Ombudsman Neville Melville gives advice to consumers about how to get the most out of the CPA

2013-09-17 00:00

CONSUMER goods and services ombudsman (CGSO) advocate Neville Melville knows what it’s like to struggle and that’s probably why he always ends up fighting for justice for the person on the street.

Melville, who has been appointed as the country’s newest ombudsman, tasked with upholding the Consumer Protection Act (CPA) in the retail sector, grew up on a Zimbabwean farm with his widowed mother. He recalled his formative years of working “shoulder to shoulder” with the poor in his early days.

“I almost sound like a politician. I have walked the same path of many of them and my father died [when I was] six, and that put us in a difficult financial position. My poor widowed mother used to take a beating from many suppliers,” Melville said.

“I can see things from that point of view. Even at school, I had to work in the holidays to pay for my school uniform.”

As the ombudsman, Melville must enforce the consumer goods and services industry code of conduct, which is based on the CPA, by receiving and dealing with consumer goods complaints and investigating alleged contraventions.

Melville believes an ombudsman is the best shot at justice most consumers will get, due to the high cost of approaching the civil court. And it’s free.

“I’m really sold on the idea of alternative dispute resolution, because for the average person, the courts are courts of law and not courts of justice. People don’t have access to justice in South Africa and for just about every piece of legislation, there is an ombudsman,” Melville said.

Melville rose from his humble beginnings to graduate with a master of law from the University of KwaZulu-Natal, before working as a functionary of the National Peace Accord before the first democratic election. He went on to found the Independent Complaints Directorate police watchdog before serving as the ombudsman for banking services between 2000 and 2007.

Melville is upbeat about having “something concrete and solid” to focus on as the CGSO where his rulings must be obeyed — unlike working as a consultant advising companies for the past few years, where clients could say “thanks for your advice, but we’re not taking it”.

Mellville has braced for the challenges of the office, the biggest being consumers’ unrealistic expectations.

“Consumers see an ombudsman as an attorney for them, which is something that an ombudsman is not. An ombudsman has to be impartial and listen to both sides of the story,” Mellville said.

“Obviously, if a contravention of the [Consumer Protection] Act has taken place we will pursue that, but if the business is right, that’s the end of the line. They find that a very difficult pill to swallow sometimes,” Melville said.

However, Melville said it was quite easy to strike a balance between the rights of consumers and businesses.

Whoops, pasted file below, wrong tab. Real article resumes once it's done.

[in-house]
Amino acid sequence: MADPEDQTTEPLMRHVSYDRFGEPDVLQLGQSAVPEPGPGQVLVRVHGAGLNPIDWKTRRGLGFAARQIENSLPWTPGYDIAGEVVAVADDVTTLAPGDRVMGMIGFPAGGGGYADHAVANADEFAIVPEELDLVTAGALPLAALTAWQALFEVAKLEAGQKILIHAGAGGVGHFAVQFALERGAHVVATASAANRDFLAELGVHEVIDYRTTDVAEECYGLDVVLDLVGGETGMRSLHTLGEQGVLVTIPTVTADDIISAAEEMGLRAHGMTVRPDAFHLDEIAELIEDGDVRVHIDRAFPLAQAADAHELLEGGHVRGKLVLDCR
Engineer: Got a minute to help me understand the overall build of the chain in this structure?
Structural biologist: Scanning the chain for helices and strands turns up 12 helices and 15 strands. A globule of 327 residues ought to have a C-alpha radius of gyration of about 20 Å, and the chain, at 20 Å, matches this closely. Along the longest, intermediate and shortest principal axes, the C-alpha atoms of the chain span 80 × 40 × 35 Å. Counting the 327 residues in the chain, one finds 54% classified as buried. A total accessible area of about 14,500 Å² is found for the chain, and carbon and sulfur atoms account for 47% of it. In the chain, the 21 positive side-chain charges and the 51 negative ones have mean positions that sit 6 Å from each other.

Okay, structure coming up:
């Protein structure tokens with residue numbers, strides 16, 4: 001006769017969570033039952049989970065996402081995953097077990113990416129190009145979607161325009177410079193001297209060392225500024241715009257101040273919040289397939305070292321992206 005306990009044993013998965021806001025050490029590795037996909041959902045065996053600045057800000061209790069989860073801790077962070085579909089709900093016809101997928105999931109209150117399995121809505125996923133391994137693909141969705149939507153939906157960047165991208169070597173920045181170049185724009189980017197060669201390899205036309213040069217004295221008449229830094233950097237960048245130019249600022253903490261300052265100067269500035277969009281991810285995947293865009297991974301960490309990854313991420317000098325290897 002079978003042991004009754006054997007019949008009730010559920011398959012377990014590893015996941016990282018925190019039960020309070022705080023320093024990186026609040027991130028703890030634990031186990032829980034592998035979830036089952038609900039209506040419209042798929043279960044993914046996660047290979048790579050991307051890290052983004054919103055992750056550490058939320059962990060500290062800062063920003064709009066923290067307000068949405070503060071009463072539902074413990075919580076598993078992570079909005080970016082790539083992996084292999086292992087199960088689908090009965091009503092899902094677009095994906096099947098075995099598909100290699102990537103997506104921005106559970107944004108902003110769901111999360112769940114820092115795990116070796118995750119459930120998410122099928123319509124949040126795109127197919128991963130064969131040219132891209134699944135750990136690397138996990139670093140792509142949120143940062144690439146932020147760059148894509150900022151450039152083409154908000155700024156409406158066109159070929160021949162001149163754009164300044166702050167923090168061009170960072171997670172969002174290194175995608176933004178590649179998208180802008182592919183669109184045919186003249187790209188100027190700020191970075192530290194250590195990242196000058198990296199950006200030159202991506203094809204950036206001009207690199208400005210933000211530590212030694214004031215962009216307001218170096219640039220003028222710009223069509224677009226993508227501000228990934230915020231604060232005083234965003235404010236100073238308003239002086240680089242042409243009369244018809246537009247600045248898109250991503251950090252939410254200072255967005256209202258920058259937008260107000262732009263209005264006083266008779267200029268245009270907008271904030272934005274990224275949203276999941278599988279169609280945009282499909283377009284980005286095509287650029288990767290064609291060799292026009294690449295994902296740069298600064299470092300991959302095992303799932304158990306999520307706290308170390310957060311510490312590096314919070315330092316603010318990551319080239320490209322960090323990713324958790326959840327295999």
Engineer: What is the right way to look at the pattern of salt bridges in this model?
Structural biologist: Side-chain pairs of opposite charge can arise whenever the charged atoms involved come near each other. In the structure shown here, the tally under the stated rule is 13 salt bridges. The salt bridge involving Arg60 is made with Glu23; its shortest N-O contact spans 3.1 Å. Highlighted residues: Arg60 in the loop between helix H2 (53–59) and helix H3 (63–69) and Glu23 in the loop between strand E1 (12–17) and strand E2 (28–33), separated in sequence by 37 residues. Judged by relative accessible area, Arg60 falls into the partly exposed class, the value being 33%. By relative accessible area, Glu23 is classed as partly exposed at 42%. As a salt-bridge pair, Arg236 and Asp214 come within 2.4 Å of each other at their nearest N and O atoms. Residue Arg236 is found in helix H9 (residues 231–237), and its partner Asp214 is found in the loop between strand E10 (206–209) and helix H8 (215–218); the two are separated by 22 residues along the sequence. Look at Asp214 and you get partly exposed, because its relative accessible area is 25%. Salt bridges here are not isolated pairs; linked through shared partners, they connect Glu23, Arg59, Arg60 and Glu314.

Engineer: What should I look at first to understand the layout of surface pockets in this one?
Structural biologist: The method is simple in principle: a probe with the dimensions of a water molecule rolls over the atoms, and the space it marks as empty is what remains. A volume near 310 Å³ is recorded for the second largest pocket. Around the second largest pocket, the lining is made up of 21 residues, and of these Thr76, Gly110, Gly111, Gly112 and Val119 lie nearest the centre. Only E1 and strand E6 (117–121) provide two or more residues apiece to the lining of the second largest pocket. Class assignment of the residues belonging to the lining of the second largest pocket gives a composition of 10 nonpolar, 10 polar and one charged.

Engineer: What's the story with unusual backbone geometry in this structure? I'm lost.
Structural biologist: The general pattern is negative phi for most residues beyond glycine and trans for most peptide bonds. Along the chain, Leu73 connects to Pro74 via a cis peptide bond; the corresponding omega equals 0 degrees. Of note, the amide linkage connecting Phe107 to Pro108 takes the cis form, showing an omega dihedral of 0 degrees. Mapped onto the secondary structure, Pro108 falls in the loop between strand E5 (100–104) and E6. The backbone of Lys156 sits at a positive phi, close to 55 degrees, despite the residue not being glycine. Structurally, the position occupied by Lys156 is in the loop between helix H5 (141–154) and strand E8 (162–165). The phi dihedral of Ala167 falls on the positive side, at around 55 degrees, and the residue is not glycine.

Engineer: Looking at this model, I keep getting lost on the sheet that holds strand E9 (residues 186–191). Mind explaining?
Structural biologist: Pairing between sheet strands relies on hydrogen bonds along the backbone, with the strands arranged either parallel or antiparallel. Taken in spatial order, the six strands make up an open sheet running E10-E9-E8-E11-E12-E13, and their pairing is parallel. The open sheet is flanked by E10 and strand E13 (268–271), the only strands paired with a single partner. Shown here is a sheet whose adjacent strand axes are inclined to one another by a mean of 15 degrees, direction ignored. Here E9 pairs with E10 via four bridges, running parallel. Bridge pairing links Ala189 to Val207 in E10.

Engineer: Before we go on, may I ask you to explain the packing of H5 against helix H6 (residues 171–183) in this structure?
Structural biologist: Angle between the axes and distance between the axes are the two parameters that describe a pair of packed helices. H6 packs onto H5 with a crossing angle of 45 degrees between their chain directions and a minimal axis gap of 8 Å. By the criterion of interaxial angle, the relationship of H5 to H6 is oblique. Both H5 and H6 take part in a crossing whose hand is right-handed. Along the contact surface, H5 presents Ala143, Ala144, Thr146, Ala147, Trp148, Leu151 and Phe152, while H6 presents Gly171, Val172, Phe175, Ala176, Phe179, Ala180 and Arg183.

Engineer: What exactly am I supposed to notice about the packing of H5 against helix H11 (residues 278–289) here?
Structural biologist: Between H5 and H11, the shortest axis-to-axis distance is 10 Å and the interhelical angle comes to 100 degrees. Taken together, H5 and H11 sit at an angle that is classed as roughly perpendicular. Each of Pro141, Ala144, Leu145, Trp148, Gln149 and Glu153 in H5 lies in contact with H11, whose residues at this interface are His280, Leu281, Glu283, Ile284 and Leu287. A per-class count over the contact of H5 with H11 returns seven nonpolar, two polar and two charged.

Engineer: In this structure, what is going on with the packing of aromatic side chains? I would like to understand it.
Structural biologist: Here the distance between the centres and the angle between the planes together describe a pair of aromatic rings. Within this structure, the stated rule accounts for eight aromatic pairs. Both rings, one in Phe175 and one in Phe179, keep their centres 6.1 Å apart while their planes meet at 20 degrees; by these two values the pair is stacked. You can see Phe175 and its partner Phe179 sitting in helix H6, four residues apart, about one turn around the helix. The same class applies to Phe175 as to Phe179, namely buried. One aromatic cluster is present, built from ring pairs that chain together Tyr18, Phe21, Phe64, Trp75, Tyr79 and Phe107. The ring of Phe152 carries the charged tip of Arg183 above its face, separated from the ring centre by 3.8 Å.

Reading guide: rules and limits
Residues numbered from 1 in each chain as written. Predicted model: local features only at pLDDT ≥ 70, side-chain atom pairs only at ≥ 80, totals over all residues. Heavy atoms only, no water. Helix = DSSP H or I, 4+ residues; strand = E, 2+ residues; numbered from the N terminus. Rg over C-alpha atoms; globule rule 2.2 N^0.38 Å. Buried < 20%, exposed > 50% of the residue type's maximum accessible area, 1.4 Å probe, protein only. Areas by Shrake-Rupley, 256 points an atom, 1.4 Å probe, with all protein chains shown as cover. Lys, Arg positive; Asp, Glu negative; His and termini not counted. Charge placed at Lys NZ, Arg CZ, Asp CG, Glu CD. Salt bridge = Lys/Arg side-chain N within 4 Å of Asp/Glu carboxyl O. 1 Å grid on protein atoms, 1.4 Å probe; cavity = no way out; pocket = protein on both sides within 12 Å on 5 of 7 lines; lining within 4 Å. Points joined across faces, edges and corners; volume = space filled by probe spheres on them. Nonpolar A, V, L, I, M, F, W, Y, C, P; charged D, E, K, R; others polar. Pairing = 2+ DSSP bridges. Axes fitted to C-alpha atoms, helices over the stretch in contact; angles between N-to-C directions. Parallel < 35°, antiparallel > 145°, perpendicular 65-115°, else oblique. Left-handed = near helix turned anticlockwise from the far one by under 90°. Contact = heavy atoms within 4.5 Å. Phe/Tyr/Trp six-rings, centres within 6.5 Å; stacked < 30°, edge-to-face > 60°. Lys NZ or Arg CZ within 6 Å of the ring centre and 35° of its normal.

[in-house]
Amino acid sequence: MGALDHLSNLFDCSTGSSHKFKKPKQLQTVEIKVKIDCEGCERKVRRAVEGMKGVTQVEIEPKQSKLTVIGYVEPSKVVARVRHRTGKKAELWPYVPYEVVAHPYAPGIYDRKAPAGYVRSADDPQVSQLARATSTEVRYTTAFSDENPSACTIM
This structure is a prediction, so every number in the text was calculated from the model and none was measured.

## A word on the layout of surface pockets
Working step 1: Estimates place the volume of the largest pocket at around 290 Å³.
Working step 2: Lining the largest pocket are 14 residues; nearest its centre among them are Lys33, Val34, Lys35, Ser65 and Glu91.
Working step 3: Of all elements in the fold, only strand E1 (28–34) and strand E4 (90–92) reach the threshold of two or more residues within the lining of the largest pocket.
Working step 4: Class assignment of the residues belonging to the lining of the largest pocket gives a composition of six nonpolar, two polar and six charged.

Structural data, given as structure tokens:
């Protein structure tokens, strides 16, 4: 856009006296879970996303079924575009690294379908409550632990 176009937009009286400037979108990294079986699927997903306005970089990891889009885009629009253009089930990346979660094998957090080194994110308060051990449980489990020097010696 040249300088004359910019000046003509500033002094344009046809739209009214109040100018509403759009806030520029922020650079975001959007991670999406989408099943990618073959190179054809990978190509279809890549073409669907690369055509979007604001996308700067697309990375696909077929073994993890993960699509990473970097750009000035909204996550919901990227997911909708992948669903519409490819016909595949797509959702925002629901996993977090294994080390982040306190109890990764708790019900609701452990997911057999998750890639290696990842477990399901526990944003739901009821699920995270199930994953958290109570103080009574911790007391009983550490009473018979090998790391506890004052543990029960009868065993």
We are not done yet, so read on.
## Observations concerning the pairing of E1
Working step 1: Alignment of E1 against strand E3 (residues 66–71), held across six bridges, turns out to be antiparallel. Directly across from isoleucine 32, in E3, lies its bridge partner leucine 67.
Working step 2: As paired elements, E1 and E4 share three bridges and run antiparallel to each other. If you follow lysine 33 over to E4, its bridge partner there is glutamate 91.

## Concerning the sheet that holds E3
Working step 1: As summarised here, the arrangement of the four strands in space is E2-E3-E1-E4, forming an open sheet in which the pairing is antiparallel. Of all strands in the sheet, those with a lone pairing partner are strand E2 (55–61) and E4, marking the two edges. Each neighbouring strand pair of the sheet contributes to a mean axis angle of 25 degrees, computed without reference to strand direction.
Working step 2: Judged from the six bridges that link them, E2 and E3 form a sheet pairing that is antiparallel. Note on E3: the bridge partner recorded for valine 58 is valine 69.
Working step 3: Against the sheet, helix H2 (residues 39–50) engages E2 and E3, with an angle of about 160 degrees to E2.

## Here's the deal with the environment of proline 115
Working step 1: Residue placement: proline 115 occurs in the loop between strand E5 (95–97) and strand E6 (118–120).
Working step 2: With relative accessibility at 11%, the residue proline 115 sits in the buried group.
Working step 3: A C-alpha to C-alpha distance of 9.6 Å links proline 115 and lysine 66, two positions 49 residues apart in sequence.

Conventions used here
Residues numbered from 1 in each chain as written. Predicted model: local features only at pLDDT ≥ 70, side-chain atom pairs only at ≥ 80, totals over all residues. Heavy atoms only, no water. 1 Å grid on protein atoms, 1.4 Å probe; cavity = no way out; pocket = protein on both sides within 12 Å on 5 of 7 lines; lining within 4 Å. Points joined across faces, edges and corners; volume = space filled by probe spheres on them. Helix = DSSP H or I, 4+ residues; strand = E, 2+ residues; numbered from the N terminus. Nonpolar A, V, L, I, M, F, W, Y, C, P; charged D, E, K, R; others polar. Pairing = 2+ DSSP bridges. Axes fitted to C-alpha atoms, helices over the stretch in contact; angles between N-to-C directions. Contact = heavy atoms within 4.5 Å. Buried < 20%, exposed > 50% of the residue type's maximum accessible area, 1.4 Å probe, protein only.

“The CPA is clear. There is some space for interpretation and one has to take a common sense point of view in interpreting it and asking what is the spirit of the act? The act says that if in doubt you find for the consumer,” Melville said.

While Mellvile took up office in June, the office’s call centre had been operating for a year as a pilot project handling calls ranging from complaints about new televisions to expired food sold on supermarket shelves. The call centre fields 500 to 600 calls per month.

Mellville said most complaints over the past year were about faulty, poor quality furniture and beds. “That’s going to be my big challenge,” Melville said. However, he said complaints about misleading advertising where goods were advertised at a lower price, but sold for more had also featured.

Melville said some businesses were still struggling to come to terms with the CPA.

“Particularly in the area of returns, I think they cannot get their mind around that the law has changed,” Melville said.

However, Melville said some consumers were confused and believed they could return goods for any reason within five days. However, this only applies to direct marketing purchases.

A word of advice for consumers from Melville on how to get the most out of the CPA when buying retail goods and services:

“If anyone makes a particular promise or says a product is good for a certain purpose and when you get home it is not like that, make a note of it, and secondly, keep an invoice. Check your till slip and make sure you do get the special price because sometimes the bar code hasn’t been changed. You are entitled to the lowest price.”

Melville said most complaints to his office came as a result of businesses’ poor complaints resolution processes, including leaving consumers waiting for an unreasonable period of time for answers, and rude and unhelpful staff. “Companies should focus on complaints as much as sales. Great companies should view complaints not as a nuisance, but as an opportunity to put things right.”

The ombudsman’s office can be contacted at 086 000 0272 or e-mail

info@cgso.org.za

• Send your comments and consumer complaints to Witness Crusader at consumer@3i.co.za

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